Adam Smith’s ‘Wealth of Nations’ has valuable lessons for eternity

Adam Smith was born in the tiny Scottish town of Kircaldy around 300 years ago. (Photo: iStockphoto)
Adam Smith was born in the tiny Scottish town of Kircaldy around 300 years ago. (Photo: iStockphoto)


His insights in this all-time epic on human effort, division of labour and free markets are relevant even after three centuries

Next month marks the tricentenary of a writer whose impact is felt even today. Adam Smith was born in the tiny Scottish town of Kircaldy around 300 years ago. His exact birth date is not known. Smith was baptized on 5 June 1723 in a local church. He was kidnapped by a band of gypsies when he was four but was returned to his family soon after. A biographer later noted that the absent-minded Smith would have made a poor gypsy. He died in Edinburgh in 1790.

Encapsulating the wide sweep of Smithian thinking within the narrow confines of a newspaper column is almost doomed to fail. Yet, it is worth a shot given the tricentenary year that lies ahead. This column takes up three key insights from his magnum opus that was published in 1776, An Inquiry Into The Nature And Causes Of The Wealth of Nations. Emma Rothschild and Amartya Sen have described it as the greatest book ever written on economic life.

First, prosperity emerges from human effort rather than the natural bounties of the soil or the stock of precious metals accumulated in a state treasury through trade surpluses. Human beings are unlike other animals. They have a natural inclination to trade with each other, and the institutions that promote such commercial exchange are key to the wealth of nations. The examples Smith provides in one of the most celebrated passages in his book are the butcher, the brewer and the maker, or ordinary folk rather than the feudal lords and royals who were so powerful in his times.

Second, human effort creates prosperity when people can specialize in select tasks, or what Smith called the division of labour. However, division of labour is limited by the size of the market. The scope for specialization—and hence productivity growth—is higher when you have a bigger market for your wares. Smith was thus a strong votary of free trade between people, between regions and between countries. Trade is not a zero-sum mercantilist game. It is perhaps not an accident that Smith wrote about the wealth of nations in plural rather than the wealth of a particular nation.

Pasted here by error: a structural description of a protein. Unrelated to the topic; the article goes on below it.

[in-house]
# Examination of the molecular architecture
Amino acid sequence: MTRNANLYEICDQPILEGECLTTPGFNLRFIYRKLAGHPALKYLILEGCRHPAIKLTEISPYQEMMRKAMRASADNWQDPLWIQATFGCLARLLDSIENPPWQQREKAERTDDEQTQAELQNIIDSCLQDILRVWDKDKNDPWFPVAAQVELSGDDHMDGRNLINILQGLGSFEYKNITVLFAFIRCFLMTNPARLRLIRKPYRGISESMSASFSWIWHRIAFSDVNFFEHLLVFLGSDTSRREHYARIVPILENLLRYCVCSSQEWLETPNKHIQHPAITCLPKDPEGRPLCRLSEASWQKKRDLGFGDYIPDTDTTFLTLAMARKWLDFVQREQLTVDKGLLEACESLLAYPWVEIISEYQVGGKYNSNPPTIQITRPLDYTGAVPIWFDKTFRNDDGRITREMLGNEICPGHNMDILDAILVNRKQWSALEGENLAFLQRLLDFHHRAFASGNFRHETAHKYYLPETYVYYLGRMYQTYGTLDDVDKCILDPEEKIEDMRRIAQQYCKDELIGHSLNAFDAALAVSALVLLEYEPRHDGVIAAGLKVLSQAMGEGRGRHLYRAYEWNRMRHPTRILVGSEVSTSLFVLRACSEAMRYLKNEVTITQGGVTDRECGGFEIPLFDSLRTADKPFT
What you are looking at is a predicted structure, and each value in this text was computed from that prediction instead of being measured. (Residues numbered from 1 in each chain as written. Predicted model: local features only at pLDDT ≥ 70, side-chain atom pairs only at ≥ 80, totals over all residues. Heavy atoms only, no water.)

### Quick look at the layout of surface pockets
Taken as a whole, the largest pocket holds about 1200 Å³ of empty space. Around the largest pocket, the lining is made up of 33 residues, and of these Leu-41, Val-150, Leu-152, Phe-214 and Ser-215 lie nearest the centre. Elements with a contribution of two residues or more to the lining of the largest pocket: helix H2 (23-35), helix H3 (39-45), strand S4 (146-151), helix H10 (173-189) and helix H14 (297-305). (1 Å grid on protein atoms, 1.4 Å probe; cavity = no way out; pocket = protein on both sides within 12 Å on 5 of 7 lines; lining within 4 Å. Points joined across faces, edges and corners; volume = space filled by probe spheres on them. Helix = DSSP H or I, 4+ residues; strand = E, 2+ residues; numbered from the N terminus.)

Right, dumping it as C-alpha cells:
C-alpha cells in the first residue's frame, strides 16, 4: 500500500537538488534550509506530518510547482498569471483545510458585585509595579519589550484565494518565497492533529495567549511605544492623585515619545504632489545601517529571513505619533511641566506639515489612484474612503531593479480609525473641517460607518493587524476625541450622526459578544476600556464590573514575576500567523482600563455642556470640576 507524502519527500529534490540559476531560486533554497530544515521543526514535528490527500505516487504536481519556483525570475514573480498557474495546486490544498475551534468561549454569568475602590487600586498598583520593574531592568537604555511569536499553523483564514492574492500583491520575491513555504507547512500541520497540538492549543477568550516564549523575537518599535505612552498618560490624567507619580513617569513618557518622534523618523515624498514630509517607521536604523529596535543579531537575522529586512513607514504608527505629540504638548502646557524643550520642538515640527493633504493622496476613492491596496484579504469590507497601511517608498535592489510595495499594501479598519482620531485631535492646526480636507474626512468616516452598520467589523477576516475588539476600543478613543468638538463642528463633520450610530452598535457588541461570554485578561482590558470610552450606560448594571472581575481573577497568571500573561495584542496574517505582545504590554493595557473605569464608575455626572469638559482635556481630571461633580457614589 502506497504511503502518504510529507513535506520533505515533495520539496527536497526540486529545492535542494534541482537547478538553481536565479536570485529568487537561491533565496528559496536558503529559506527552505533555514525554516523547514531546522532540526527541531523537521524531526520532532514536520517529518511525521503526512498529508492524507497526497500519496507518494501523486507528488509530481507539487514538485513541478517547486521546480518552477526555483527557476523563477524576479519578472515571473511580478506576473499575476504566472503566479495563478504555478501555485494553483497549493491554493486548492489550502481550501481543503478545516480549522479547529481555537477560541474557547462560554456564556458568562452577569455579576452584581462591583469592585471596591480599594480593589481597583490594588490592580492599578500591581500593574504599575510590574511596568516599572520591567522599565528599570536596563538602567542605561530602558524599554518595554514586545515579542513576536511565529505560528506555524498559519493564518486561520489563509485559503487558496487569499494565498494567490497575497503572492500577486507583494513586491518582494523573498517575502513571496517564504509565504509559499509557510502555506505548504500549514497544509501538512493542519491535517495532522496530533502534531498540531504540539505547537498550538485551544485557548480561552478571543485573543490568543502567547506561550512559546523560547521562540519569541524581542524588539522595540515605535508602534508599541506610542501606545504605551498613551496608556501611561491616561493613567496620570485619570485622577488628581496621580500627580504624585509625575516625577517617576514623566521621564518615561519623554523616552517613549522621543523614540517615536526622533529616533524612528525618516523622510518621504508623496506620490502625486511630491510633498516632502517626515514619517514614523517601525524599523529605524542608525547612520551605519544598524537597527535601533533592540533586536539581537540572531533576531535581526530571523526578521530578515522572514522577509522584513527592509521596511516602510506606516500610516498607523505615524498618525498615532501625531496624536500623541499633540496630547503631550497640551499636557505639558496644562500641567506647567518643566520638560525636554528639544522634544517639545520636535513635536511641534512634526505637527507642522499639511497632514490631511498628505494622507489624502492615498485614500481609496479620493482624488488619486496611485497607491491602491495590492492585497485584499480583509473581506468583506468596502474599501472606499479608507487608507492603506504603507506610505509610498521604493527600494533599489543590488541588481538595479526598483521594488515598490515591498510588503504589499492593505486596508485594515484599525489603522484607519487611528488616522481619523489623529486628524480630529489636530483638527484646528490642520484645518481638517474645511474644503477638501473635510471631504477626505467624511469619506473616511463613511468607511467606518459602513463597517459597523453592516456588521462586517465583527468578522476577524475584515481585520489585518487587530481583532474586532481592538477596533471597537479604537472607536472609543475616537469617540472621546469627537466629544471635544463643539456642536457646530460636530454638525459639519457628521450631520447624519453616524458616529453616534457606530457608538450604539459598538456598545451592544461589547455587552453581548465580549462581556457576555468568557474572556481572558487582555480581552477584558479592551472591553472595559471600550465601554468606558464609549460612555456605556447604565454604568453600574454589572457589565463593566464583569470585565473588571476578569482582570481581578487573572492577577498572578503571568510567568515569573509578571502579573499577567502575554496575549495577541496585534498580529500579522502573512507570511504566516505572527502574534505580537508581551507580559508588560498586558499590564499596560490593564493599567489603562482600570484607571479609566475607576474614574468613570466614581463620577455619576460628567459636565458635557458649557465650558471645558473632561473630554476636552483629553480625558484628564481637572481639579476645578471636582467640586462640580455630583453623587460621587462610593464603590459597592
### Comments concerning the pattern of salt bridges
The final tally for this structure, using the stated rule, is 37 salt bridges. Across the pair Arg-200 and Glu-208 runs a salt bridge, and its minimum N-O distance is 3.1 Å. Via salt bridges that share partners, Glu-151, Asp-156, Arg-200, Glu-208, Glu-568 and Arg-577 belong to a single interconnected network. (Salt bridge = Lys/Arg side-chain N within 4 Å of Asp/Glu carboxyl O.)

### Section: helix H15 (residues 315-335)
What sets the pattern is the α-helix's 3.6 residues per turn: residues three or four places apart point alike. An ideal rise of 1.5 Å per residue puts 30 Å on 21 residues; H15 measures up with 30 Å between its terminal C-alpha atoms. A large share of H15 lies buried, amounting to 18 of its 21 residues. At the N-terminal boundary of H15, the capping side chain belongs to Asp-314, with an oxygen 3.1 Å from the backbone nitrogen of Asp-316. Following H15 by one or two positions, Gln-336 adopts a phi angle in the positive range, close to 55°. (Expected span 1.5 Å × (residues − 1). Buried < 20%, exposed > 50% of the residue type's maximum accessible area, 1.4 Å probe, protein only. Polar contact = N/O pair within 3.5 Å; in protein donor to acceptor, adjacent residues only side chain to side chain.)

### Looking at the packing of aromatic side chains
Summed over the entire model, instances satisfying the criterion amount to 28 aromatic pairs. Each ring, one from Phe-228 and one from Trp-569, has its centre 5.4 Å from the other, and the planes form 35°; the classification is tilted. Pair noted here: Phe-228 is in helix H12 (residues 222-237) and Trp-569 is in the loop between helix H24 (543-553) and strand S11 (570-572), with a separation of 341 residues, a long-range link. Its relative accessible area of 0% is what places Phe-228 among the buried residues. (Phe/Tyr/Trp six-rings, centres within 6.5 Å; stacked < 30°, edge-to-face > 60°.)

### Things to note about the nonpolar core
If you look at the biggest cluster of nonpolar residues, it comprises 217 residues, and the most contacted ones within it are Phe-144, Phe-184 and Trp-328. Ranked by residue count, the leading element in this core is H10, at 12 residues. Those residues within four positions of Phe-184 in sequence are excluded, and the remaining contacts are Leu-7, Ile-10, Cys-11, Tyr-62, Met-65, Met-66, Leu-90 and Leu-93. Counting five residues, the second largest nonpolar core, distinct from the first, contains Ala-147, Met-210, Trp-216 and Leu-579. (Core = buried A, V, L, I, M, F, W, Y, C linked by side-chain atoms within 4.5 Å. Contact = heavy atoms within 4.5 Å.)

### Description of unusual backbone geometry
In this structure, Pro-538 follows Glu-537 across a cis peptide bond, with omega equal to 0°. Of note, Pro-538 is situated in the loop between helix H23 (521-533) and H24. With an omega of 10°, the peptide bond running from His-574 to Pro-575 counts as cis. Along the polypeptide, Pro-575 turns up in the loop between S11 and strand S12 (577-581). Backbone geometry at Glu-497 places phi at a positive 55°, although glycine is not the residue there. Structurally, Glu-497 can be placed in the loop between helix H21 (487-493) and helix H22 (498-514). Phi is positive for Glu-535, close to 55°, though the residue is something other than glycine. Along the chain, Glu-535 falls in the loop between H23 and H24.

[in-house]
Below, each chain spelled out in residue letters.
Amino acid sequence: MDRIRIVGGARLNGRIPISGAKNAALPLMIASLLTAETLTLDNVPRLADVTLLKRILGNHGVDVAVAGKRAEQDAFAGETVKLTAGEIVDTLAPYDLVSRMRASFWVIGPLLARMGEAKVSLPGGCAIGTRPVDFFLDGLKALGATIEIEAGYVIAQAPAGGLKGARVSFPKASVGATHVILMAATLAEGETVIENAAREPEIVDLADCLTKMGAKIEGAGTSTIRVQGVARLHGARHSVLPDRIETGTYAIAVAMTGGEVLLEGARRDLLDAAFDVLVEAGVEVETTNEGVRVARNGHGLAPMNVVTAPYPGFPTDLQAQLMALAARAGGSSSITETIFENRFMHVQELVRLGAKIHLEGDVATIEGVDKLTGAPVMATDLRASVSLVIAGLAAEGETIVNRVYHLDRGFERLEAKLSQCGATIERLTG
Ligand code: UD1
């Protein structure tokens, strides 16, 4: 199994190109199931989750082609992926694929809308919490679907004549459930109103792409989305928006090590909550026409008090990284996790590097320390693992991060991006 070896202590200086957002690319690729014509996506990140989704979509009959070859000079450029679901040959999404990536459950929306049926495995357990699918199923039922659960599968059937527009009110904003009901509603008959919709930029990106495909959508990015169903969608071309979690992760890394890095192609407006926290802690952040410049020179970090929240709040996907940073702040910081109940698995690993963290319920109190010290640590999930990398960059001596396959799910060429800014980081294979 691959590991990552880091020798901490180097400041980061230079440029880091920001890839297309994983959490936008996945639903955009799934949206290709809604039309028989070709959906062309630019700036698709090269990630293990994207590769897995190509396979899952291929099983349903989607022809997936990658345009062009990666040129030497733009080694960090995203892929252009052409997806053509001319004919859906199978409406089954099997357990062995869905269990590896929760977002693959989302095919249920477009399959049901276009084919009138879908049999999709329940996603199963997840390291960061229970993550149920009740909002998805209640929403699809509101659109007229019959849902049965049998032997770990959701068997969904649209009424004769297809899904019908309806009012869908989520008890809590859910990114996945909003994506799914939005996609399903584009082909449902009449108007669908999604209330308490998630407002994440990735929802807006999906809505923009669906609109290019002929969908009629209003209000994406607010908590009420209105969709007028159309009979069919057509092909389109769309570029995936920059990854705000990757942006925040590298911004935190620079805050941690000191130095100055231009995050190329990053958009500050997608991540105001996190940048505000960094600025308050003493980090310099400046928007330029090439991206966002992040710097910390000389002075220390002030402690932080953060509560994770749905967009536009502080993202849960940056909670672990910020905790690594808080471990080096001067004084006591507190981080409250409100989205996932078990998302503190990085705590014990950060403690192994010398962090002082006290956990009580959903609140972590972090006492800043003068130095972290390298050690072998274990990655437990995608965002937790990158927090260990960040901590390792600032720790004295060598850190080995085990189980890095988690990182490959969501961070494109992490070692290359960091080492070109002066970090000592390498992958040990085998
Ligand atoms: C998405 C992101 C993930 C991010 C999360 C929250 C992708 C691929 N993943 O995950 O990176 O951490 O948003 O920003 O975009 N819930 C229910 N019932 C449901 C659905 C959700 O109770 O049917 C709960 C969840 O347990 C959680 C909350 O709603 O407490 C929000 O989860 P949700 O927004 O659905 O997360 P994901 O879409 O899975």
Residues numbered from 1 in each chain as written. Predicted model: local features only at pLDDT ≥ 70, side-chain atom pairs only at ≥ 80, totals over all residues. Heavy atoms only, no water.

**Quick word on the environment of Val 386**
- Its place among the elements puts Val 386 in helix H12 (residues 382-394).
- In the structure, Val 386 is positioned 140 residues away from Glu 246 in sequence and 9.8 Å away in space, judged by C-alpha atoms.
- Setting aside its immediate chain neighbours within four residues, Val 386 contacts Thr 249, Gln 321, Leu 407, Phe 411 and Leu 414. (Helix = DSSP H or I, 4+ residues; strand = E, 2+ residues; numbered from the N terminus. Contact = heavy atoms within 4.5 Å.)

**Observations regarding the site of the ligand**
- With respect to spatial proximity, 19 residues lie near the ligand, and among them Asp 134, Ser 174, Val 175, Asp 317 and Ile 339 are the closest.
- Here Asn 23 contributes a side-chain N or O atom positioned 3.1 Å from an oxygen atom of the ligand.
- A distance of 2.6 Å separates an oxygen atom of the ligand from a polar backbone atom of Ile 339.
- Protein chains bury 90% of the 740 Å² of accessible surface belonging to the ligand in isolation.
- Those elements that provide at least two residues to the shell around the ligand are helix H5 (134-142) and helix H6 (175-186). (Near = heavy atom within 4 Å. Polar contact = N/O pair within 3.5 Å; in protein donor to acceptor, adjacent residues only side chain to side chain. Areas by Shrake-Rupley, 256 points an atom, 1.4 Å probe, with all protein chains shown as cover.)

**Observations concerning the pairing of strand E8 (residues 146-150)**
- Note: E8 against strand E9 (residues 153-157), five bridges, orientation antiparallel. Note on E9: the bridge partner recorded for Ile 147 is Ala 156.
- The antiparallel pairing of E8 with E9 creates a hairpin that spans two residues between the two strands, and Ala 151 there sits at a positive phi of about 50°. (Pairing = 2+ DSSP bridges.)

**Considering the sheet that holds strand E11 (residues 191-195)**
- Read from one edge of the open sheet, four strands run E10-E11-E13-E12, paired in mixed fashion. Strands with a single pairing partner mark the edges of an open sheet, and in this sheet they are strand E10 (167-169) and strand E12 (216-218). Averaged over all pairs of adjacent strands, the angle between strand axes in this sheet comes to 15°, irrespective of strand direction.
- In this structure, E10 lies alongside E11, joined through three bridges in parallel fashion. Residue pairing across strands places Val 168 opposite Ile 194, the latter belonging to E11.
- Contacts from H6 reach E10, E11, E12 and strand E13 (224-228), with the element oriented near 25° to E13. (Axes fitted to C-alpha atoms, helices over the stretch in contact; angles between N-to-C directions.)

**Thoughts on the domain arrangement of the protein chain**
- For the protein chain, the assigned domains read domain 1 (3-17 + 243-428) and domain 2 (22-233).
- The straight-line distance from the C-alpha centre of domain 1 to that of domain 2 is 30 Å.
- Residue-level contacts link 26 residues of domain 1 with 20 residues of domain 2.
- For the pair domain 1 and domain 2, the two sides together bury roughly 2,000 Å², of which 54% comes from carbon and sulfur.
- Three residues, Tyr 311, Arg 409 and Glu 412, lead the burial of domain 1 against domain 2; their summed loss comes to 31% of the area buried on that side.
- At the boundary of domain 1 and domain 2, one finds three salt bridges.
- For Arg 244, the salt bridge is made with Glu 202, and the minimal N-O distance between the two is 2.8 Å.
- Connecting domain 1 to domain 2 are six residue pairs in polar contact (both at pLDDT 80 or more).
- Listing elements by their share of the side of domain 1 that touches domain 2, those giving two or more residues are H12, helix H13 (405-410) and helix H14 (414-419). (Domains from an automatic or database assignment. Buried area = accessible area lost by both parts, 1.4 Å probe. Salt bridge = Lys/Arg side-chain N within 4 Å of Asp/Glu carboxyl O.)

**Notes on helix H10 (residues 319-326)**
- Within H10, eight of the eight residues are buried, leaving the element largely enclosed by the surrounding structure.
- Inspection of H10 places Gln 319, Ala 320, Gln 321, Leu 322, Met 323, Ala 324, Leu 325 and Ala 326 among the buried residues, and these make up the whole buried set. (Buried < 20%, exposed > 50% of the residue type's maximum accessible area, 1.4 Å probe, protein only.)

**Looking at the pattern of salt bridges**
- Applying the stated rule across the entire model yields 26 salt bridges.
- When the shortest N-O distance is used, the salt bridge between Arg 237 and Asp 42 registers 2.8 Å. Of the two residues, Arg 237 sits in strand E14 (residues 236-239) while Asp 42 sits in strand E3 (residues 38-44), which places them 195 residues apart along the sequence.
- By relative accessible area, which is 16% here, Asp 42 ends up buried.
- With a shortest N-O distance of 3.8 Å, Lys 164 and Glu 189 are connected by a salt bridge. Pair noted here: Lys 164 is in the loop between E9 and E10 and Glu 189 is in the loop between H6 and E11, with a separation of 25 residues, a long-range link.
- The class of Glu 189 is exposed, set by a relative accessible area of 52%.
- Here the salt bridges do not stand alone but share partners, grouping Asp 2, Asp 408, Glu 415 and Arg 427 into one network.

Third, a commercial society that is powered by human effort rather than government design brings along something more than just economic development. The Smithian vision was panoramic. “Commerce and manufactures gradually introduced order and good government, and with them, the liberty and security of individuals … who had before lived in a continual state of war with their neighbours, and on servile dependency on their superiors," Smith wrote at the very end of the third part of his magnum opus. “This … is by far the most important of all their effects".

In a series of lectures delivered in 2015, philosopher Elizabeth Anderson begins by noting that the idea of a free-market society was once the cause of egalitarians—who she defines as those who promote a society in which people interact as equals. It was this very same egalitarian vision that made Smith write about the common humanity of the street porter and the philosopher, campaign against the pernicious institution of slavery, and launch a scathing attack on what the East India Company was doing in Bengal. He described its twin roles as a merchant as well as a ruler as a “strange absurdity"—and one that meant that the East India Company would be good at neither task.

Modern economists have mathematically established that competitive markets ensure the most efficient allocation of resources (or, more specifically, Pareto optimality). The first of the two fundamental theorems of welfare economics says that this holds true under stringent conditions—complete markets, complete information, no externalities, no market power, no transaction costs. The real economy we live in has several of these frictions as core features.

Smith wrote during the dawn of the Industrial Revolution in Western Europe, so his optimism about the new society that was emerging was in stark contrast to many contemporaries who wanted to rewind back to the stability of the feudal age. He was not blind to the downsides, however. Smith wrote about the dangers of corporate collusion against consumers, the effects of the narrow division of labour on human fulfilment, the need for a government role in some activities such as education and public works, and the many drawbacks of commercial society such as the pursuit of fleeting pleasures. His point was not that commercial society was perfect, but that it was far better than all known alternatives.

Smith can be interpreted in many ways, as is the case with most great thinkers who wrote for their times but also left behind lessons for eternity. The best way to engage with any of them is to read their own words in the original, even if it is by just dipping into their books to get a feel of what they want to say. That is true with Smith as well. The Wealth of Nations is like a varied mosaic: Sharp, rambling, witty, sardonic, serious, modern, quaint—all in quick succession—but always insightful.

Niranjan Rajadhyaksha is CEO and senior fellow at Artha India Research Advisors, and a member of the academic advisory board of the Meghnad Desai Academy of Economics.

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